(For more resources on Plone, see here.)
The last key piece to successfully skinning a site is to choose a text editor or CSS editor that matches your needs and plays well with Plone. We are not talking about a word processor here, like Microsoft Word or Pages; rather, a text editor is a type of program used for editing plain text files. Text editors are often provided with operating systems or software development packages, and can be used to change configuration files and programming language source code.
We'll look at a few of the more popular text editors that are appropriate for Plone development and theming.
TextMate is a combination of text editor and programming tool that is exclusively for the Mac, and can be found at http://macromates.com.
One of the key joys of working with TextMate is that it lets you open up an entire file structure at once to make navigation between related files easier. For Plone, this is essential. Your average file structure will look something like this:
Rather than opening the entire buildouts folder, or even the plonetheme.copperriver folder, generally you only want to open the structure closest to the files you need in order to keep performance snappy—in this case, mybuildout[rockaway]/src/plonetheme.copperriver/plonetheme/copperriver/:
As you can see, it opens the entire project in a clean interface with an easily navigable structure. Without this feature, skinning for Plone would be much more time-consuming.
TextMate also offers numerous programmer-related tools:
- You can open two files at once (or more), and using the diff option you can compare the files easily
- Subversion (svn) support
- Ability to search and replace in a project
- Regular expression search and replace (grep)
- Auto-indent for common actions such as pasting text
- Auto-completion of brackets and other characters
- Clipboard history
- Foldable code blocks
- Support for more than 50 languages
- Numerous key combinations (for example, Apple + T opens a search window that makes it easy to locate a file)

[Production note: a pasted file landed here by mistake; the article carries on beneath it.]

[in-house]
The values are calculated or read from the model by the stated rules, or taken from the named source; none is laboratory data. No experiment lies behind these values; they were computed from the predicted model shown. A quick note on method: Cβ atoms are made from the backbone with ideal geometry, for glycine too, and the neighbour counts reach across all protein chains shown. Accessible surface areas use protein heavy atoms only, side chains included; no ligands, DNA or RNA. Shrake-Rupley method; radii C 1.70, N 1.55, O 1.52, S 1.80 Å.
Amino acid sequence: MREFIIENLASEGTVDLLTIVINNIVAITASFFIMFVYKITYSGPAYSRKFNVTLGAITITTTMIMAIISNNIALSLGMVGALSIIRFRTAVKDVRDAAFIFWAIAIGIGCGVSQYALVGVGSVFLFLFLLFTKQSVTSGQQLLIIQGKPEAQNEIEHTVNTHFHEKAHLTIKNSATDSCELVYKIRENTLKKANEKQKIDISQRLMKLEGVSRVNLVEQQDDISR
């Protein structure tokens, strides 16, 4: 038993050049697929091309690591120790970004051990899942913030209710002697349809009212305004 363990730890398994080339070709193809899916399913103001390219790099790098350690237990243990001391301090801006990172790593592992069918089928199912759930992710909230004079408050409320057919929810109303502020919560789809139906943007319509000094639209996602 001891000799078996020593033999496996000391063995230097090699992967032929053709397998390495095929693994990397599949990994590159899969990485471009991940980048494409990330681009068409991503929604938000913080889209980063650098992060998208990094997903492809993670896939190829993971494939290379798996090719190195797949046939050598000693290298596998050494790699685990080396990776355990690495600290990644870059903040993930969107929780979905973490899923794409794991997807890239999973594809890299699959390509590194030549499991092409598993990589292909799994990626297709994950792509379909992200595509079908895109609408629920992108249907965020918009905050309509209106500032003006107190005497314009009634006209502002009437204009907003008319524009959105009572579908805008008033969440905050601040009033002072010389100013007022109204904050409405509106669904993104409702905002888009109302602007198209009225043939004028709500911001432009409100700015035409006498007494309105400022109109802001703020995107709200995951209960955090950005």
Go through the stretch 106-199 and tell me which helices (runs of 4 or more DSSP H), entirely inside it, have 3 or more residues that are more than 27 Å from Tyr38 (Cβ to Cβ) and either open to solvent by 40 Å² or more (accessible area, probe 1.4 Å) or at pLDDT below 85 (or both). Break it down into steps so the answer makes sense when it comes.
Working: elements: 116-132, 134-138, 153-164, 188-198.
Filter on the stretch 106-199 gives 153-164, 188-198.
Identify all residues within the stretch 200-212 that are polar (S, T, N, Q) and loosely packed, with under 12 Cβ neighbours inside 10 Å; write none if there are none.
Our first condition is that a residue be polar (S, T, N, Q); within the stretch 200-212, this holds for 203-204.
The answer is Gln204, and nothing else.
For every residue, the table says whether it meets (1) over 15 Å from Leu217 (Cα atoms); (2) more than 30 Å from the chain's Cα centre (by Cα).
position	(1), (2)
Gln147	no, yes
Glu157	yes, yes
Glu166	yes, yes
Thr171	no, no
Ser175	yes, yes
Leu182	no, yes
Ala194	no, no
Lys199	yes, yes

- Themable syntax highlight colors
- Visual bookmarks to jump between places in a file
- Copy/paste of columns of text
- And much, much more
The Bundle feature is one of the more interesting aspects of the tool. If you look at the HTML bundle, for example, it shows a list of common actions that you might wish to perform in a given document, and on the right, the code that spawns that action, and the hot-key that activates it.
There's even a Zope/Plone TextMate support bundle found at http://plone.org/products/textmate-support that was developed by some of Plone's core developers. It enhances TextMate's already existing support for Python, XML, (X)HTML, CSS, and Restructured Text by adding features aimed specifically at the modern day Zope and Plone developer.
For the geeks in the audience, the bundle's features include: Doctest support (restructured text with inline Python syntax and auto-indent of python code), pdb support (for debugging), ZCML support (no more looking up directives with our handy and exhaustive snippets), and a ZPT syntax that marries the best of both worlds (XML strictness with the goodness of TextMate's HTML support). This bundle plus TextMate's other capabilities make switching to developing for Plone on a Mac a good idea any day!
As well as assigning a single key equivalent to a bundle item, it is possible to assign a tab trigger to the item. This is a sequence of text that you enter in the document and follow it by pressing the tab key. This will remove the sequence entered and then execute the bundle item. TextMate is full of hot-keys and features in general, yet it's surprisingly compact. Thankfully, the documentation is thorough.
TextMate is a dream for themers and programmers alike. For those who are still new at CSS, another tool might be a good place to start, but for power users, TextMate is the primary tool of choice.
(For more resources on Plone, see here.)
CSS Edit (not to be confused with CSS Manager, a Plone add-on), is a lovely, easy-to-use CSS tool for OS X. It can be purchased at http://macrabbit.com/cssedit for around $30.00.
To get started, click on the Add Site URL button. It allows you to navigate to either a localhost site or a live site. Next, click on the Inspector button. An inspector pane pops up that is updated as soon as you click on an element on your page. The element is also highlighted nicely and shows arrow indicators if you want to click to expand to the containing object and show the parent's CSS instead.
Expanding the arrow to the right of the Make A Difference button in the above screenshot selects the ID globalnav-wrapper, as indicated here and in the top hierarchy bar.
If you select one of the styles in the black Applied Styles window, it pops up a message that asks if you wish to override an existing stylesheet with a local stylesheet. Answering in the affirmative opens a small CSS editor window where you can make additional changes, see the immediate effects, and still access the Applied Styles window/navigator.
In this case, I opted to let it extract all of the CSS from my theme product's main stylesheet, wec.css. This prevents the issue of having to integrate your changes from a blank stylesheet into your core stylesheets, though you could optionally do that.